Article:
Demographic and clinical characteristics of the 221 subjects enrolled into the CITT have been published previously.9,11 In brief, the mean age was 11.8 years and 59% were female. Race was as follows: 55% White, 30% African American, and 15% other; 34% reported Hispanic ethnicity.
The mean (SD) CISS scores for mild, moderate, and severe levels of exophoria, PFV blur, Sheard’s criterion, and NPC break are shown in Table 1. The difference in mean CISS scores between the mild, moderate, and severe categorizations for these four clinical signs are not significantly different (all p values ≥0.60). There are 39 subjects in the “mild” category who would pass Sheard’s criteria. Exclusion of these subjects, however, does little to the reported mean symptom score, changing it from 30.10 to 30.74 (SD = 8.7, p value comparing Sheard’s criterion level = 0.75). Table 2 reports the number of subjects in each tertile of CISS score by severity level of the signs of CI. Mantel-Haenszel χ2 analysis showed no significant association between symptom level as measured by the CISS and severity of exophoria (p = 0.96), PFV blur (p = 0.77), Sheard’s criterion (p = 0.92), or NPC break (p = 0.95). As shown in Table 3, there were no significant correlations between symptom level as measured by the CISS and any of the clinical findings (all r values ≤ 0.094; all p values ≥ 0.17). This is confirmed by scatter plots of CISS score versus exophoria (Fig. 2), versus PFV (Fig. 3), and versus NPC (Fig. 4).
In this study, we investigated the relationship between the severity of clinical signs and the level of symptoms among children with symptomatic three-sign CI. In other words, do children with more severe three-sign CI report more symptoms than children with less severe three-sign CI? We found that mean CISS scores were not significantly different between those with mild, moderate, or severe clinical signs (exophoria, PFV, Sheard phoria/vergence relationship, or NPC). Similarly, the percentage of subjects with higher levels of symptoms did not increase as the signs became more severe. Finally, correlations between individual clinical signs and the CISS score were low and not statistically significant. Therefore, the results of this study showed no significant association between symptom level and the severity of individual clinical measures of CI in children with symptomatic CI.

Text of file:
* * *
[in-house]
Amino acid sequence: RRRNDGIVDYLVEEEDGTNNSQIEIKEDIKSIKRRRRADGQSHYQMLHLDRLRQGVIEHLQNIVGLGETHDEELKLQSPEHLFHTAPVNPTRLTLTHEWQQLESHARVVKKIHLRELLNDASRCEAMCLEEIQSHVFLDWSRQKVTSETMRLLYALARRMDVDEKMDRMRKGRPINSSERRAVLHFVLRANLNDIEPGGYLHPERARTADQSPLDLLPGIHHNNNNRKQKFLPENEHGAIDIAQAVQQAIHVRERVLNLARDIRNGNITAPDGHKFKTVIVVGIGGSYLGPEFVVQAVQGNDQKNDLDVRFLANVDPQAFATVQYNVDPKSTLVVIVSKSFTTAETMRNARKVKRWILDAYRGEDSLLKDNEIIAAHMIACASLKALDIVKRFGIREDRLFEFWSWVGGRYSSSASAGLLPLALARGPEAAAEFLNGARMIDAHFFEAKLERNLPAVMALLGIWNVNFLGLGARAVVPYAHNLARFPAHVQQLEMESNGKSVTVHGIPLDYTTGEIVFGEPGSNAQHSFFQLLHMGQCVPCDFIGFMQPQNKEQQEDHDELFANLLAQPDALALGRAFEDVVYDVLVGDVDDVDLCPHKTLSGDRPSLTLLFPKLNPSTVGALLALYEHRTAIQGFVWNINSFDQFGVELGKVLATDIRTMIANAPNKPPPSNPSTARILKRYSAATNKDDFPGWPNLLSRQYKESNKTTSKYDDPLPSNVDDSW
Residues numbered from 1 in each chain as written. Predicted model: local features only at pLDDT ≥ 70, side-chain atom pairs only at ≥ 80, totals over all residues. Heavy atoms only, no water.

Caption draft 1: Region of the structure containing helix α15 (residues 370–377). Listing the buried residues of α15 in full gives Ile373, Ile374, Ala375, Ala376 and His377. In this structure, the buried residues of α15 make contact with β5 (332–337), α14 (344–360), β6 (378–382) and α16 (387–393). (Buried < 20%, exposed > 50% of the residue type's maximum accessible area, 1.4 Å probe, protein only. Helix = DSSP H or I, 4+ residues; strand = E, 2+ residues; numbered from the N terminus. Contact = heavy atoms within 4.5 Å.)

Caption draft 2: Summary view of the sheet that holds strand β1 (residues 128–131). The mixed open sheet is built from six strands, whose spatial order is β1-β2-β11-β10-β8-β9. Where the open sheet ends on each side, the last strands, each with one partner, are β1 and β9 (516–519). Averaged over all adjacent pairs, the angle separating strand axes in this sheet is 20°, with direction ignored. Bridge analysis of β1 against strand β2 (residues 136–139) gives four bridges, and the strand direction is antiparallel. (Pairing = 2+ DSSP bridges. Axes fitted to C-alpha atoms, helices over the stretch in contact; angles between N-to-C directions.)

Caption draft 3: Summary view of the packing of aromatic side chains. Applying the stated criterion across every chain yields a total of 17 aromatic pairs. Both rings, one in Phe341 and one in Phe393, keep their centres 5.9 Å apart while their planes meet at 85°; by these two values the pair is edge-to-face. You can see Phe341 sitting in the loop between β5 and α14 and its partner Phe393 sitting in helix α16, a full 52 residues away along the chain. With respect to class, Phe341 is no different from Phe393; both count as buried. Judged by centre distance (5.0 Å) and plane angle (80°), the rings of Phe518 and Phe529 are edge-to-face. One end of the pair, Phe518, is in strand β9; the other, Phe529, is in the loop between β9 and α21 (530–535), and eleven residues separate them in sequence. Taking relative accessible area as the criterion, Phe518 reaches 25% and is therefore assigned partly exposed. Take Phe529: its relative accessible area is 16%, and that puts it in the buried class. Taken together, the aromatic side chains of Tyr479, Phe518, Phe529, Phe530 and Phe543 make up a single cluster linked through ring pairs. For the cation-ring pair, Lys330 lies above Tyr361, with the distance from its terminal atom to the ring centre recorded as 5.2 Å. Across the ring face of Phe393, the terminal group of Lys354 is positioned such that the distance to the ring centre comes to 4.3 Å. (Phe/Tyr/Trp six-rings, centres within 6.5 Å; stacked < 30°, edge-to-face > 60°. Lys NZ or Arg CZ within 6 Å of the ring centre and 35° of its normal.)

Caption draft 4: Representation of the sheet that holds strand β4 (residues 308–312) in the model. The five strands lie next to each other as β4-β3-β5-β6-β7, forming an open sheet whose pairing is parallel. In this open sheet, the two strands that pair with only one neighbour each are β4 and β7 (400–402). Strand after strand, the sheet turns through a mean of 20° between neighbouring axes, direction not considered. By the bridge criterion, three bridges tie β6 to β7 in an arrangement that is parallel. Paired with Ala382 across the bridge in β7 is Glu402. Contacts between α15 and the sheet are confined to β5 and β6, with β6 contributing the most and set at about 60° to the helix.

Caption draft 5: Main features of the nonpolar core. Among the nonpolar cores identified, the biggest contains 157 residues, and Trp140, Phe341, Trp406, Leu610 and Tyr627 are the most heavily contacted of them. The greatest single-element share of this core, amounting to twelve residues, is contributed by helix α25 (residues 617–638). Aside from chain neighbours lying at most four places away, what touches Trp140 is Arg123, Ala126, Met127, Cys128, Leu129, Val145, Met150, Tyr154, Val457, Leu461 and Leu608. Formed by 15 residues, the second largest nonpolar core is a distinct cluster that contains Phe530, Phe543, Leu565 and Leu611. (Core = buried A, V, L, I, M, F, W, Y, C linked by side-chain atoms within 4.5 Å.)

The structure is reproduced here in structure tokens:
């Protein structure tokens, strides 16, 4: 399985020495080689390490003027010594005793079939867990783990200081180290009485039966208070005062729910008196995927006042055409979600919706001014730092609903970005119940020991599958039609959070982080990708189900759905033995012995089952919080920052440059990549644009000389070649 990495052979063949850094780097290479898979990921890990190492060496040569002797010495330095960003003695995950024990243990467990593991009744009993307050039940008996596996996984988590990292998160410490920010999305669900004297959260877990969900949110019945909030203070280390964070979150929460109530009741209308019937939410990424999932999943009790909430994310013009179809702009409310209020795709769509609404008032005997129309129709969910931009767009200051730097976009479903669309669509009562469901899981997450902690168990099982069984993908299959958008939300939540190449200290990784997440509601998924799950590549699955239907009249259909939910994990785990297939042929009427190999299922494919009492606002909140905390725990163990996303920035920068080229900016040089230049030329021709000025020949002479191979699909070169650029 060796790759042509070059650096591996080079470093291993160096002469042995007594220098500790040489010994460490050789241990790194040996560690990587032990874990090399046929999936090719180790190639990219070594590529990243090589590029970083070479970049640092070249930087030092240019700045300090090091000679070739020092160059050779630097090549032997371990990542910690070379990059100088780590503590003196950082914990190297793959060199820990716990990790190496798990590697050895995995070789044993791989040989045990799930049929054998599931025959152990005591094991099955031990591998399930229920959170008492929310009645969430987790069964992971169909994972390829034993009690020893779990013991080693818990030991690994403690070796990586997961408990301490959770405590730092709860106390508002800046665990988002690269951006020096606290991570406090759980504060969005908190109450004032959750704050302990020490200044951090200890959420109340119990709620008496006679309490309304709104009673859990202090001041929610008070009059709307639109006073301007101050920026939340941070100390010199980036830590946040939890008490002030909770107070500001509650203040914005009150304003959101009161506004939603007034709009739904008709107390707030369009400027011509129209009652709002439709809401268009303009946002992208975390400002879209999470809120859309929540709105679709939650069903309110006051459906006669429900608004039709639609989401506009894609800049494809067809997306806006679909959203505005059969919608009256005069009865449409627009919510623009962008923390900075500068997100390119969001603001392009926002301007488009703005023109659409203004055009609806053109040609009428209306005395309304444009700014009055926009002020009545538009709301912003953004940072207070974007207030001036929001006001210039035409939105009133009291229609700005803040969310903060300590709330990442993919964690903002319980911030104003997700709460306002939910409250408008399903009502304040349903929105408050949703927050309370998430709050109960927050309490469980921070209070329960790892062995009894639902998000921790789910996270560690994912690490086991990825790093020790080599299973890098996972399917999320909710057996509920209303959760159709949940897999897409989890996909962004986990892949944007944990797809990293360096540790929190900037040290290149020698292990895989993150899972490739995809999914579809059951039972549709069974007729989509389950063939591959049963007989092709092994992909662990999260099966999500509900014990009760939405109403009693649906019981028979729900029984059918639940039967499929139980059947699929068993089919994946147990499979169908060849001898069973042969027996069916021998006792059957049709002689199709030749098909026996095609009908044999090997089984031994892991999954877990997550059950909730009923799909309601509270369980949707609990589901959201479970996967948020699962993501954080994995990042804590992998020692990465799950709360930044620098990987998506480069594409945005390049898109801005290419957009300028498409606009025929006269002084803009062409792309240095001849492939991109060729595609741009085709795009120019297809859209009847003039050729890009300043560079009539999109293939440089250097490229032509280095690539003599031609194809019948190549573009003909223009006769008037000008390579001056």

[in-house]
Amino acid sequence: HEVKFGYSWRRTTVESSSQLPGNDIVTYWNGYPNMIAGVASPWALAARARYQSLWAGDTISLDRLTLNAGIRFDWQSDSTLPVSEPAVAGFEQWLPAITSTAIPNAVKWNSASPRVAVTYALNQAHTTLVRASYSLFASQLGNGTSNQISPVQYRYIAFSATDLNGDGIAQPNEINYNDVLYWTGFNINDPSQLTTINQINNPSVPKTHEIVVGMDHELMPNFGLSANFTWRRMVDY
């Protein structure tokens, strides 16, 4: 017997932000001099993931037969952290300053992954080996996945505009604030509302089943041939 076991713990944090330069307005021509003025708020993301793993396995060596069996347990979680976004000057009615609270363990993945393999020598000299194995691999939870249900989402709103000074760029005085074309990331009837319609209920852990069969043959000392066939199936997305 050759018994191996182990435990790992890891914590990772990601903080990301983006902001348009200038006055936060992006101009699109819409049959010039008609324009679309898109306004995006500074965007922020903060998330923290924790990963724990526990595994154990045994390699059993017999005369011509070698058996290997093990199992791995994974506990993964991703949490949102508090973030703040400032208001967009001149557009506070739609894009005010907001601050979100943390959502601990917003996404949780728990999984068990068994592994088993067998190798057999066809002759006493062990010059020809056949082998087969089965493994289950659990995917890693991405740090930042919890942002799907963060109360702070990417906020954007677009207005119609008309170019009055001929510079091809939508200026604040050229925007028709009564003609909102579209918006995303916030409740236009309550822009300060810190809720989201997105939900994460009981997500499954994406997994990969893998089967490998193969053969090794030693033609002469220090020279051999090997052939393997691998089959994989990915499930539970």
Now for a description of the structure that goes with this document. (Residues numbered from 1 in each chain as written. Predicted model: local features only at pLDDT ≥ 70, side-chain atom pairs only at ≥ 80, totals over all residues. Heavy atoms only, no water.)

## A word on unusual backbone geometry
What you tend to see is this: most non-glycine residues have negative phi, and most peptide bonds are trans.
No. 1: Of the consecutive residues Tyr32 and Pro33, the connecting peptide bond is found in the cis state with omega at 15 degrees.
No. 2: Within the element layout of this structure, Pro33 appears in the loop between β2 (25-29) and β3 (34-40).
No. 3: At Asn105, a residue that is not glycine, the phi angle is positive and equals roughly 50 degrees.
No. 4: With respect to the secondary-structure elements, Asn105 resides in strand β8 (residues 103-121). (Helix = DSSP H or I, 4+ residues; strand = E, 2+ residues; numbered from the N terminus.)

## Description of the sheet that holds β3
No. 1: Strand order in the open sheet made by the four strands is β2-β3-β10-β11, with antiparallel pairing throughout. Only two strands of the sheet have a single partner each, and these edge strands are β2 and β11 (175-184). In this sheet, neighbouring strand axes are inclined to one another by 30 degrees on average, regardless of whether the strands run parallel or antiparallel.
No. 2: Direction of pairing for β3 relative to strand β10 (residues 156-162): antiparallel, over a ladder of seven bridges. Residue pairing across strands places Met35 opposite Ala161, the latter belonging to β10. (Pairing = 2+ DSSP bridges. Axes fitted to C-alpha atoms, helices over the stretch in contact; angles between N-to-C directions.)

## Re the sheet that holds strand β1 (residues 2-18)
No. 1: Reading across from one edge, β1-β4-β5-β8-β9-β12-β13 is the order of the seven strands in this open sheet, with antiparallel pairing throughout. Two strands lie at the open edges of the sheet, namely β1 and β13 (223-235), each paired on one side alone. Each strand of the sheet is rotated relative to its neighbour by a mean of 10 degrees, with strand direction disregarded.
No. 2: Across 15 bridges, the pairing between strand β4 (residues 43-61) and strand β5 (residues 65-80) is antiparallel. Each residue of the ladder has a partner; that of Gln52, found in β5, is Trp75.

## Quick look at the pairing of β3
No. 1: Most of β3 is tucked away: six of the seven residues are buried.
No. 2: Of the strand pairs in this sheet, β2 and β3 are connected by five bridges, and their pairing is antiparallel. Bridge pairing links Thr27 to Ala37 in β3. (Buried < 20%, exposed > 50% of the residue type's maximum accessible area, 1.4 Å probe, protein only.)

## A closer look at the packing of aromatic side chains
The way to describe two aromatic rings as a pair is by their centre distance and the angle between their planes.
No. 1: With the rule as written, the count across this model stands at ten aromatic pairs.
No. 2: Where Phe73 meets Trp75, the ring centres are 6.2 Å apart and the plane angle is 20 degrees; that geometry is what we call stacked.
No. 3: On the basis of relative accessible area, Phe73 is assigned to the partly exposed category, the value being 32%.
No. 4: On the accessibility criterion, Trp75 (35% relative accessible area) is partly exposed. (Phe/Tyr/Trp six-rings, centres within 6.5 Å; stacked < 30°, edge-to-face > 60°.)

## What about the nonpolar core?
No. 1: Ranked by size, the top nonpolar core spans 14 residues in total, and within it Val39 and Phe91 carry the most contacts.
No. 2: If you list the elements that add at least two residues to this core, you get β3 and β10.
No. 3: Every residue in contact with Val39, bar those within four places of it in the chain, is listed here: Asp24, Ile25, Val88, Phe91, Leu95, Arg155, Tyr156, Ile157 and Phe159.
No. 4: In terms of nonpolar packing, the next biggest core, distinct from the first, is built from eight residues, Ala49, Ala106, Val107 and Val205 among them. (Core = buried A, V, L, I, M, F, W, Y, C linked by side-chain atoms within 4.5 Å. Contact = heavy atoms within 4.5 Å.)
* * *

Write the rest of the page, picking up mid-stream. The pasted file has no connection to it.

Previous research has shown an association between symptoms and signs when subjects with and without binocular vision problems are included.5–8 Furthermore, Rouse et al.4 showed that a higher percentage of children with three-sign CI were symptomatic compared to those with fewer signs of CI. Therefore, the lack of an association between the severity of signs and the level of symptoms found in this study may be attributable to the fact that all children had symptomatic three-sign CI. Once children reach a certain threshold level (i.e., three signs of CI), there is no further association between the severity of signs and the frequency of symptoms. The CITT group has reported that children more frequently report performance-related symptoms (i.e., loss of place with reading, reading slowly, loss of concentration) compared to eye-related symptoms (i.e., eyes hurt, blurred vision, headaches, diplopia).18 Also, a high percentage of children with symptomatic three-sign CI shows that these performance-related symptoms occur fairly often or always. Thus, the lack of any further association between the severity of clinical signs and the level of symptoms may indicate a plateau in symptoms as measured by the CISS. Another possible explanation is that, as exophoria increases and/or as convergence ability worsens, some subjects may either develop suppression or avoid near activities to reduce or eliminate symptoms. We did not evaluate suppression, however.
Lastly, the lack of an association between the severity of signs and the level of symptoms found in this study may be explained by the nature of the data. The CITT did not measure clinical signs or administer the CISS after prolonged near work. It is plausible that signs and symptoms associated with CI may change if testing was performed after the visual system was stressed. Further studies are necessary to determine the effect of visual fatigue on the relationship between the signs and the symptoms of CI.